The city says the difference is a question of inside versus outside. Ms. Feinberg said public schools cover or remove iconography and images in all space used by students “to the extent feasible, whenever students are present.”

“If what goes on inside a parochial school room is a traditional secular education, taught by a secular teacher, to a secular group of students, for those students, that room is, for all practical purposes, a secular school room,” she added.

The New York Civil Liberties Union said it was concerned about the “environment” at some of the annexes, even if the classrooms were identical to those in regular Education Department buildings.

The civil liberties union president, Donna Lieberman, said that students shouldn’t have to gather in classrooms with crosses or other religious symbols on the wall, but that it's about more than that.

“Kids should not be sent to a school that looks and feels like church,” Ms. Lieberman said. “You can’t just slap ‘P.S. XDX’ in front of a church and have kids understand that they’re going to a public school that has no affiliation with the church whose cross is apparent to everybody who passes by. Kids have the right, and we as a society have an obligation, to provide an education free from religious promotion of any source, even just symbols.”

The civil liberties union, an ally with the city in its legal push to evict churches from schools, says it has received only two complaints or so over the years from parents about public schools operating in parochial spaces, neither of them interested in pursuing legal action.

WNYC visited several schools in Queens, and all had evidence of a religious connection on the outside of the buildings.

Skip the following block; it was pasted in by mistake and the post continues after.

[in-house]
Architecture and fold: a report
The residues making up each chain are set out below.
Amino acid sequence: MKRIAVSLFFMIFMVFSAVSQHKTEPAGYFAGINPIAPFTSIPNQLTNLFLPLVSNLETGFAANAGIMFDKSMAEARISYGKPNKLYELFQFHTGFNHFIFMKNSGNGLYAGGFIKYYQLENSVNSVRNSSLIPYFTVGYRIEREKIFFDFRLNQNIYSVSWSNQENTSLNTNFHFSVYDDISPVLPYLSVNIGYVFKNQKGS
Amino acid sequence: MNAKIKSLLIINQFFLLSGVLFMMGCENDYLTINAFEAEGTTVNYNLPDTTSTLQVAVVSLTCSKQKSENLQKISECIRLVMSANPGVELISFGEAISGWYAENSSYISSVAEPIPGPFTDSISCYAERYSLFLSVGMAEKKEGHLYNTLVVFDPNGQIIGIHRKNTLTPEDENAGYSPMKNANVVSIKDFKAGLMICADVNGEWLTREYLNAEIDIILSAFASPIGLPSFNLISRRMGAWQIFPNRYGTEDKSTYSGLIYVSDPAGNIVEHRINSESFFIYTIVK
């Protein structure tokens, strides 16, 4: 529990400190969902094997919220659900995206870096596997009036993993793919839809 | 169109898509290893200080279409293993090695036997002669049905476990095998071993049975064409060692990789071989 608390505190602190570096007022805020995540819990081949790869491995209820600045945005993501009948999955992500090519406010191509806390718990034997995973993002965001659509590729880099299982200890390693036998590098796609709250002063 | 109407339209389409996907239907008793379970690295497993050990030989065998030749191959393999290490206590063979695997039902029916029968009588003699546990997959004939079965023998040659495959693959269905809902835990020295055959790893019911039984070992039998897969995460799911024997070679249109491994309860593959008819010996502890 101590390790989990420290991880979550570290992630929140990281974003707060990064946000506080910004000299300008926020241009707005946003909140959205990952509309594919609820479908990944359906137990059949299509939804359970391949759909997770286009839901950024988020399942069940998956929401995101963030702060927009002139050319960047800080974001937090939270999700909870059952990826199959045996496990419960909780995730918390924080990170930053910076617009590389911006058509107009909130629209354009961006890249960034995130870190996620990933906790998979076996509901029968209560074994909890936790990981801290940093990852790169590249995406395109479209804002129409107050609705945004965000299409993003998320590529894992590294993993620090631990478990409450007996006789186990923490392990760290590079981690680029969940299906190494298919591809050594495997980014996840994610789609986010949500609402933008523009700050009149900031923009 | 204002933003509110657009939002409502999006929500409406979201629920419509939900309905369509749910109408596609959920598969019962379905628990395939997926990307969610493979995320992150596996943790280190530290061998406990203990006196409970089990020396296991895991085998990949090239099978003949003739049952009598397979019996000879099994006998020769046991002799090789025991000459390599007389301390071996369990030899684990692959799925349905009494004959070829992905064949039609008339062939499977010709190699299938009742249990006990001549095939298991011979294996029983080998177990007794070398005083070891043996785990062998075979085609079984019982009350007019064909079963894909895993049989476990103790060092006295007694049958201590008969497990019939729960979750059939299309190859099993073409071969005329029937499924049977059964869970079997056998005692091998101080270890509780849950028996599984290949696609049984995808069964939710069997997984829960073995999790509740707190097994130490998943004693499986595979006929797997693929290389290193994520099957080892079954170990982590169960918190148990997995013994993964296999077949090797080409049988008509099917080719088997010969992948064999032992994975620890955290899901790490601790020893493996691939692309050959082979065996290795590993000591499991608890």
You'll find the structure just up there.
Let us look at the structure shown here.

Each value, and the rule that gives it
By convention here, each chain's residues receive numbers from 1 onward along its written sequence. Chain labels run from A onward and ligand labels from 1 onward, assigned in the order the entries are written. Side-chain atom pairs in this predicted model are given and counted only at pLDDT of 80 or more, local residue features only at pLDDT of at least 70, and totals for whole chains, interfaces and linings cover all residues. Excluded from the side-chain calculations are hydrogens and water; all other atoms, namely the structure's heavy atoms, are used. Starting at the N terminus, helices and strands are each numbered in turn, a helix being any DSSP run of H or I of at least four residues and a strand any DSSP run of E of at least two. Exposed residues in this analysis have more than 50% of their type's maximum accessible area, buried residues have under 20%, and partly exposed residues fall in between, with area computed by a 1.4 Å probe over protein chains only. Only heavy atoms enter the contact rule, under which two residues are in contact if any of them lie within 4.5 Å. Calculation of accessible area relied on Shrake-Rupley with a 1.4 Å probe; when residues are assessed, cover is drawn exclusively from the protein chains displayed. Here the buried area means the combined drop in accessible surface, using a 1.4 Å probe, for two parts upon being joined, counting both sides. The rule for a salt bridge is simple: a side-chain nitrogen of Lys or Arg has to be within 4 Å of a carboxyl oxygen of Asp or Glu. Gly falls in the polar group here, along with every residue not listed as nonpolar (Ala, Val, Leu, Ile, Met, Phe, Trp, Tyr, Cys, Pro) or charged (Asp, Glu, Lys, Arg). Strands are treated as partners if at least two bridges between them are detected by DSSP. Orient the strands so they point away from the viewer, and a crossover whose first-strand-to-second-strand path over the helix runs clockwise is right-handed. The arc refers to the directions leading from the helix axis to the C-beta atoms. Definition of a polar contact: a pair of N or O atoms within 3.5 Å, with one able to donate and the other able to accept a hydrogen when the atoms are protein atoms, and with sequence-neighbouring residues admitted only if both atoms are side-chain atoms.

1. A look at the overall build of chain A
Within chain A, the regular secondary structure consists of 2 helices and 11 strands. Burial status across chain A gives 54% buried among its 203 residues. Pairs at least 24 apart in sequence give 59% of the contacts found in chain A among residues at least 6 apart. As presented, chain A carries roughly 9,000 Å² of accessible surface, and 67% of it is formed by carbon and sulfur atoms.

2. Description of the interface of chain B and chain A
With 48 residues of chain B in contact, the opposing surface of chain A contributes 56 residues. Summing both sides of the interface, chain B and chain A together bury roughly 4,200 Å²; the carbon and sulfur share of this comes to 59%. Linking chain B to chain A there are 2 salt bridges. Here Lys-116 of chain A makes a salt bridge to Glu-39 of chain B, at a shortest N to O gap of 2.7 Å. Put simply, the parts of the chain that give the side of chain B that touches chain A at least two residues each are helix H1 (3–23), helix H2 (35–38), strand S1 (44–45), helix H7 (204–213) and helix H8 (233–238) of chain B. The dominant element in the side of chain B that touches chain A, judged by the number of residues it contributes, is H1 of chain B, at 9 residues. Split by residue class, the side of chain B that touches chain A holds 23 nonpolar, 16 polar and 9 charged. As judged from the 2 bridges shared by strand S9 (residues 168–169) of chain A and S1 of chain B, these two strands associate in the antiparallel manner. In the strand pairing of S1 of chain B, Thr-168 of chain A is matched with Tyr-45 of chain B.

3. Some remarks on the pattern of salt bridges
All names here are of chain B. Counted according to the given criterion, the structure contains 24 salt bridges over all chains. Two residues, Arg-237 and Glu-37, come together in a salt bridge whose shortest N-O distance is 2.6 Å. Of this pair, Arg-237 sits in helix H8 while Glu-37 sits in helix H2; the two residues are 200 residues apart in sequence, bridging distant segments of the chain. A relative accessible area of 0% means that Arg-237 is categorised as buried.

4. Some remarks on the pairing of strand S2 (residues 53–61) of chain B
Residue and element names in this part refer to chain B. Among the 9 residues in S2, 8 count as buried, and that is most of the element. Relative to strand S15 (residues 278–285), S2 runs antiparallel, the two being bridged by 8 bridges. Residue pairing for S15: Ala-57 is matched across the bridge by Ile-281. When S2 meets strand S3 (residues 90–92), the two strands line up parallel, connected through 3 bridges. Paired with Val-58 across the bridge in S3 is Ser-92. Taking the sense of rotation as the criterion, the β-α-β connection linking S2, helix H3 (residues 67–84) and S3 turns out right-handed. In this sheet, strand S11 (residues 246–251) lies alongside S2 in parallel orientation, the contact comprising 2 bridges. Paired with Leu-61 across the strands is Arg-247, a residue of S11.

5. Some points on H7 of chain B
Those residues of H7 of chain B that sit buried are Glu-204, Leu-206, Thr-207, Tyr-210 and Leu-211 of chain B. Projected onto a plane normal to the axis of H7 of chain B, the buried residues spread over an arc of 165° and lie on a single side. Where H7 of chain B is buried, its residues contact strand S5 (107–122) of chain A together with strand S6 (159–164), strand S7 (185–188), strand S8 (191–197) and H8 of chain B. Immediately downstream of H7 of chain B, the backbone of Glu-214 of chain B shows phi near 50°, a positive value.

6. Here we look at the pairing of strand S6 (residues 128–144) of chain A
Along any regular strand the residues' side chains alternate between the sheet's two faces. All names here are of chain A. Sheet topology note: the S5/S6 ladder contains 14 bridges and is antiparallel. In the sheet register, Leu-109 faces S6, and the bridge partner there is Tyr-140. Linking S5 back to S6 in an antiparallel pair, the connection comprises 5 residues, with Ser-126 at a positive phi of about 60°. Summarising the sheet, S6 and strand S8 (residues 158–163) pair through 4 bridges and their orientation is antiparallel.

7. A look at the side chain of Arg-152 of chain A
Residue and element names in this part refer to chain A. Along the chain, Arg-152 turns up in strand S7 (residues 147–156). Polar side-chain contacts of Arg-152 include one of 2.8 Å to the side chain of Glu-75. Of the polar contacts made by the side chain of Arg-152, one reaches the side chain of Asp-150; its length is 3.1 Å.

St. Teresa School has been closed since 2005, but its old sign, below a large cross, dominates the entrance to the P.S. 199 annex, which is indicated only by a small plastic sign on the lower part of the door. At the base of a nearby flagpole is a life-size sculpture of Jesus, communing with two young children.

P.S. 199 Maurice Fitzgerald in Sunnyside is also getting another annex at soon-to-close St. Raphael School, where a large religious mosaic commands the facade. The school is connected to a convent.

P.S. 199, according to School Construction Authority data, is almost 25 percent over capacity, meaning last year there were 952 students enrolled at a school meant for a population of 763 students.

P.S. 280 has its name emblazoned on industrial metal covering the old sign for the Blessed Sacrament School, which closed in 2009. But the Jackson Heights school is attached to a large church, with a prominent sculpture of the Virgin Mary in front.

Renting out the spaces helps often financially strapped religious institutions, and gives public schools an outlet for their growing student population that’s much more cost effective than acquiring property and building a new facility.

Carmen Parache, principal of P.S. 150, said converting the Queen of Angels School into the P.S. 150 annex was mostly a matter of some fresh interior paint, and removing the massive cross above the front roof line. No one has complained, she said, about the other symbols remaining outside.

“The classrooms here are just as nice as the classrooms in our main building -- really open, airy -- and we’re really glad to have it,” Ms. Parache said. “There’s no room in this area to build a new one. The church has this empty space. Why not use it?”

Previously, the P.S. 150 annex for pre-K and kindergarten was in a senior center on busy Queens Boulevard, above a billiard hall. The classrooms were small and noisy, according to the long-time drama teacher, Joe Pagano.

“It was an atrocity, a fire trap,” Mr. Pagano said. “People outside often were leaving the pool hall from the night before and would be there in the morning. It was not suitable for an education for children.”

He’s very enthusiastic about the four-year-old annex at the old Queen of Angels school.

“It’s a godsend,” he said.